Issue: What is the legal precedent for a setoff arising from fraudulent conduct and against claims for benefits?
|Area of Law:||Litigation & Procedure|
|Keywords:||Setoff; Fraudulent conduct; Claims for benefits|
|Cited Cases:||425 F. Supp. 2d 863; 636 F.2d 714; 28 F. Supp. 2d 147; 229 U.S. 523; 362 F.3d 667; 605 F. Supp. 2d 210|
|Cited Statutes:||38 U.S.C. § 3503(a)|
Setoff is a form of counterclaim, based on the equitable principle that “the demands of mutually indebted parties [must] be set off against each other and that only the balance [may] be recovered . . . .” 20 Am. Jr. 2d Counterclaim, Recoupment and Setoff § 6, at 269 (2005). The right to setoff is based on general notions of fairness and equity. Id. (citing In re Myers, 362 F.3d 667, 672 (10th Cir. 2004). It has also been described as a common-law right. PC COM, Inc. v. Proteon, Inc., 906 F. Supp 894, 903 (S.D.N.Y. 1995). The United States Supreme Court has described setoff as “[t]he right of setoff (also called ‘offset’) allows entities that owe each other money to apply their mutual debts against each other, thereby avoiding ‘the absurdity of making A pay B when B owes A.'” Citizens Bank of Md. v. Strumpf, 516 U.S. 16, 18, 116 S. Ct. 286 (1995) (quoting Studley v. Boylston Nat’l Bank, 229 U.S. 523, 528, 33 S. Ct. 806 (1913)).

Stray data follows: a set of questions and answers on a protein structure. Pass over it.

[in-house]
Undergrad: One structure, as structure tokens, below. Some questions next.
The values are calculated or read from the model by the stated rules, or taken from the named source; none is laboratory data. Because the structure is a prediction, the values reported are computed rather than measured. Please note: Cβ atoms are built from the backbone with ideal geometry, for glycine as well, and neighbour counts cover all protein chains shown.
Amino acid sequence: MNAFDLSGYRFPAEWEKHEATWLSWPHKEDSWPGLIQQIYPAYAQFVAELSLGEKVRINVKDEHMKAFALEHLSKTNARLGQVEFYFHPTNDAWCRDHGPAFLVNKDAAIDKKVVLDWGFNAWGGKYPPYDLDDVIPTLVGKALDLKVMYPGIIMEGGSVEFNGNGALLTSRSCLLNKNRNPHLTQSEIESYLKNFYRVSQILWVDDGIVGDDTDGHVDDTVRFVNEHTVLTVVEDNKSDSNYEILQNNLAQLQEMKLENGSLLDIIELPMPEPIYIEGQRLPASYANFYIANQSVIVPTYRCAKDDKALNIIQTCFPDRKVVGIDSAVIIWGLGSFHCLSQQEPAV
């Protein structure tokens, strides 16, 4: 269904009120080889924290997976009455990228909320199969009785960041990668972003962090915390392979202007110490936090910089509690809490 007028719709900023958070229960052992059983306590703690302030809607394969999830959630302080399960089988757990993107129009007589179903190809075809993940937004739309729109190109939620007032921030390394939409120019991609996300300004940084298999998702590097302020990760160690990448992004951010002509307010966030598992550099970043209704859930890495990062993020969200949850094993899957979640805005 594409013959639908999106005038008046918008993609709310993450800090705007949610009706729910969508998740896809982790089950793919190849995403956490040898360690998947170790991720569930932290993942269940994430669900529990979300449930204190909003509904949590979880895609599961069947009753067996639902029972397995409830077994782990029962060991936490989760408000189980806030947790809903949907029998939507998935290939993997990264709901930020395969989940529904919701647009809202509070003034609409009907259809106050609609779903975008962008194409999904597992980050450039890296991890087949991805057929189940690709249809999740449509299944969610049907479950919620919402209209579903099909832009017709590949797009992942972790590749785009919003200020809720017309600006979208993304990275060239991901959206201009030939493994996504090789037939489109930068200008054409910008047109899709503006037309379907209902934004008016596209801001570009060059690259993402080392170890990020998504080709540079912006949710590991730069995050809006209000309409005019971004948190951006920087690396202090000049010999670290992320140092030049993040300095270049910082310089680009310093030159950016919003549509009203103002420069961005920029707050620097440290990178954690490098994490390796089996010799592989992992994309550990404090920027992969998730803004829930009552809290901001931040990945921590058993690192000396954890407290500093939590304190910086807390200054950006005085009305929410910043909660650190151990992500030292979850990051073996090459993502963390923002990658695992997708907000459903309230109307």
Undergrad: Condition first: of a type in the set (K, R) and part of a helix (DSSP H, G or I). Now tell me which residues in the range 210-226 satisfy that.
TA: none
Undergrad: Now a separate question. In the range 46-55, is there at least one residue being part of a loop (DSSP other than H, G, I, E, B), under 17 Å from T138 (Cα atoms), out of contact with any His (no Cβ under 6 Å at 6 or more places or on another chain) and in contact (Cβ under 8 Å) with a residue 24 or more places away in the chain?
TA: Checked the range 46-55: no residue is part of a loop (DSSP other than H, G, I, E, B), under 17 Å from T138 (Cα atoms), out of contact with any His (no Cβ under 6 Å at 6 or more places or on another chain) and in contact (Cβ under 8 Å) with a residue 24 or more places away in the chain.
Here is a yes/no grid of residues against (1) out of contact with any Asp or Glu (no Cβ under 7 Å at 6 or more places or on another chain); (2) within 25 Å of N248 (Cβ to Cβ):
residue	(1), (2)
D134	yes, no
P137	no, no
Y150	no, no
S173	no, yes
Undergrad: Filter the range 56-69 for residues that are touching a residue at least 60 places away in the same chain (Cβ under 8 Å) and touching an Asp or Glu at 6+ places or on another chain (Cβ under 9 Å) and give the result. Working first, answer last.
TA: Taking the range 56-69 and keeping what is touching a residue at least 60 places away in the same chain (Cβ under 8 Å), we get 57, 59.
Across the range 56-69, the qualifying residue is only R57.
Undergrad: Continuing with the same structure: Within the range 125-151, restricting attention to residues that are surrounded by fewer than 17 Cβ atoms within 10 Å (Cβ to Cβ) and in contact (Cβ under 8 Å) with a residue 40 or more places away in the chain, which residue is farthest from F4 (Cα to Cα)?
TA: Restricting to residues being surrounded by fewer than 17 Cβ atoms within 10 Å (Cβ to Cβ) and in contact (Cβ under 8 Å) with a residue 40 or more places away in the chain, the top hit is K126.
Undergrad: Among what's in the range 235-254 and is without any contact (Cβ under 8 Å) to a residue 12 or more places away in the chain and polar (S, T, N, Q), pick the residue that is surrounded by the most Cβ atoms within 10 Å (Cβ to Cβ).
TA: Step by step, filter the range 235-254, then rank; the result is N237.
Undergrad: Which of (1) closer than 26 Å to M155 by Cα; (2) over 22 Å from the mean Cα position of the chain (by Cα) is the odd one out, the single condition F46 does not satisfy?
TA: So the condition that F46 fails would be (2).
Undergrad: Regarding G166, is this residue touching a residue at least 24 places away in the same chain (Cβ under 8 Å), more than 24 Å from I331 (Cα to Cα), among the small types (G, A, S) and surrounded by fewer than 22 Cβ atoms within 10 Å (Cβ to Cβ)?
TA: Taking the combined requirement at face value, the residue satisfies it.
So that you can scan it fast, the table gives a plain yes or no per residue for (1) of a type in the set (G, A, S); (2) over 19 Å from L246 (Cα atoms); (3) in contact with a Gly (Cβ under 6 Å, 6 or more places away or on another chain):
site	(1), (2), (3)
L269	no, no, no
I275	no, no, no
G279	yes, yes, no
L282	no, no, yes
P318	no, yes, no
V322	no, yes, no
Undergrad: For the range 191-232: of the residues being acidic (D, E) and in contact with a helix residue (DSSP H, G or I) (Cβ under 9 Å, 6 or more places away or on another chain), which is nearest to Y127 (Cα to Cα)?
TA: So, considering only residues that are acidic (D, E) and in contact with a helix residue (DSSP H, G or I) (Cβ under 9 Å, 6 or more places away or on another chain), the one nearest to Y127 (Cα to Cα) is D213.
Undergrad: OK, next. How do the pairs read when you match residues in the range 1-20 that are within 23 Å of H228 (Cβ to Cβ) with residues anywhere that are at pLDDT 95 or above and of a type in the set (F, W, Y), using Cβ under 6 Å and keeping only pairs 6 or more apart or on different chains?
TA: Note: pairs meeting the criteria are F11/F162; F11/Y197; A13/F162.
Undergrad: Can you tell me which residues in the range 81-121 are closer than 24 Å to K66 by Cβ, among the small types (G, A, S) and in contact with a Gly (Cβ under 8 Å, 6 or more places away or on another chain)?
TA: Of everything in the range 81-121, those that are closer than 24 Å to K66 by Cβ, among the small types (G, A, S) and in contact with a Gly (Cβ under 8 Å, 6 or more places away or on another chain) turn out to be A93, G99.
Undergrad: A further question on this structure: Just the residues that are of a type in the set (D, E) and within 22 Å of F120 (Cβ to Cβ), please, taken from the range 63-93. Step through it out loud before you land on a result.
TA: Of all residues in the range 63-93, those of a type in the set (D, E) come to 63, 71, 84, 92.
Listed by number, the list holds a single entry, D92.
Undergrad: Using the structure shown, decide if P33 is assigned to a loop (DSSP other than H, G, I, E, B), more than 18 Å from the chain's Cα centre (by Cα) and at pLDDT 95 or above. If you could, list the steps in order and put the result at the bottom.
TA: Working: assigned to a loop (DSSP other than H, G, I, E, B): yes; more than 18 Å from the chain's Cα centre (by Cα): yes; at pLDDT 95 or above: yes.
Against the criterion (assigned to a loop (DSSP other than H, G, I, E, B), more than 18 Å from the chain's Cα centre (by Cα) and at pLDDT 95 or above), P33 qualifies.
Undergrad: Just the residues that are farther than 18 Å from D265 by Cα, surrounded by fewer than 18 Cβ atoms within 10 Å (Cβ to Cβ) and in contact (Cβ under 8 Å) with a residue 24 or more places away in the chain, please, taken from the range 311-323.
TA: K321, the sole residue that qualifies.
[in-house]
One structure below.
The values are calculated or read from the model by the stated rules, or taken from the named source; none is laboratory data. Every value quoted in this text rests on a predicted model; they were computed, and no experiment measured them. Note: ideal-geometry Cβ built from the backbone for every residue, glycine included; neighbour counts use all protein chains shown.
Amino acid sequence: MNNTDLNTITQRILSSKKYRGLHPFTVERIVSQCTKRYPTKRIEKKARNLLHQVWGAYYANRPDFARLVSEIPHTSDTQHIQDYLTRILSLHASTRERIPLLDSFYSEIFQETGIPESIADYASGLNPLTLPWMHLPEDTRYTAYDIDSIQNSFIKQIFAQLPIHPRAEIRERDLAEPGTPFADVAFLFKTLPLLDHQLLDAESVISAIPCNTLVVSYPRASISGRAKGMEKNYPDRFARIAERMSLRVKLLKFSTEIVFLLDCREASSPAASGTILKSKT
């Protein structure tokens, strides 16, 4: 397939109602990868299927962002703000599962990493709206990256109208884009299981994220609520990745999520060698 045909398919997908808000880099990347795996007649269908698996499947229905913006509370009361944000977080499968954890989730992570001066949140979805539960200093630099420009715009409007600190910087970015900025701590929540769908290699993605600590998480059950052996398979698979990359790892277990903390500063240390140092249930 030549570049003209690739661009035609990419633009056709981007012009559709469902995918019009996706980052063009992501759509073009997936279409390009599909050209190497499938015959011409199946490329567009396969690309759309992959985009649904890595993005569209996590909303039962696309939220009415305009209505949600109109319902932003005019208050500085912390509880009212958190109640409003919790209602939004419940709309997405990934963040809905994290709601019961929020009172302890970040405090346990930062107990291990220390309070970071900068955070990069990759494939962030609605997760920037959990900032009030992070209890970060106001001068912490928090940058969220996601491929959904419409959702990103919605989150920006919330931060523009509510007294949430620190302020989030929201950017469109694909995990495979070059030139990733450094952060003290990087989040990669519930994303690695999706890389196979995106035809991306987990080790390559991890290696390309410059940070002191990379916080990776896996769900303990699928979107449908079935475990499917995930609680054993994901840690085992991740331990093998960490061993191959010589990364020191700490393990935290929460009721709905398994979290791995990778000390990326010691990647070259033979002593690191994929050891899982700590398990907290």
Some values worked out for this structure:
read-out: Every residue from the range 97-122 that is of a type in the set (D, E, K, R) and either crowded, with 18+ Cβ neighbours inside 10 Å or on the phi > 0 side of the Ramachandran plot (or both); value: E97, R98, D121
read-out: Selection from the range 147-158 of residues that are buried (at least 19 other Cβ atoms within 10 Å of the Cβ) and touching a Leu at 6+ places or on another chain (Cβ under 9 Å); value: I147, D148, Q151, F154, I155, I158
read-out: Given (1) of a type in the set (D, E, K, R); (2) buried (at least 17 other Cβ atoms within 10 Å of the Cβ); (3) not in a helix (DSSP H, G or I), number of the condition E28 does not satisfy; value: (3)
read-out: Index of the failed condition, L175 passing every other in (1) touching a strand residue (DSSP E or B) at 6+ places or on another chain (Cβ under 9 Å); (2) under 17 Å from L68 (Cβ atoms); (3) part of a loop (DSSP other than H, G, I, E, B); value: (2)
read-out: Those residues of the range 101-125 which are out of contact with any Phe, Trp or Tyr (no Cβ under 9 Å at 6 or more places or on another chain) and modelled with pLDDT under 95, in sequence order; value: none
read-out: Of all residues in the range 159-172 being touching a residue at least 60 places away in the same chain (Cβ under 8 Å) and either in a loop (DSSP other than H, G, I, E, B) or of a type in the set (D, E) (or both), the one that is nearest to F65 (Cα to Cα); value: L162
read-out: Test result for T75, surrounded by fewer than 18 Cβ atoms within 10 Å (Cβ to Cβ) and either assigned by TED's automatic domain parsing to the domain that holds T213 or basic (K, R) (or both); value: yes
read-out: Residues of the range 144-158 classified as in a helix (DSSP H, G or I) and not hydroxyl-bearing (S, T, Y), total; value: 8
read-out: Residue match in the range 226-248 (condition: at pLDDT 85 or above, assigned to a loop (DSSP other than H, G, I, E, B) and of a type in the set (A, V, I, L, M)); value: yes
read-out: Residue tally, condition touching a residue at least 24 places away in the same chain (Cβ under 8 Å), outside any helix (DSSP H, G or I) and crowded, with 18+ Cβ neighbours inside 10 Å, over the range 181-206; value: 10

Setoff is similar to a counterclaim because it essentially is an independent action by a defendant against a plaintiff. “Generally, a setoff must rest on a claim enforceable in its own right. Thus, an obligation that is not enforceable in an action at law cannot be set off against an opposing claim.” 20 Am. Jur. 2d, supra § 7. The obligation giving rise to the claimed setoff need not be related to the obligation the other […]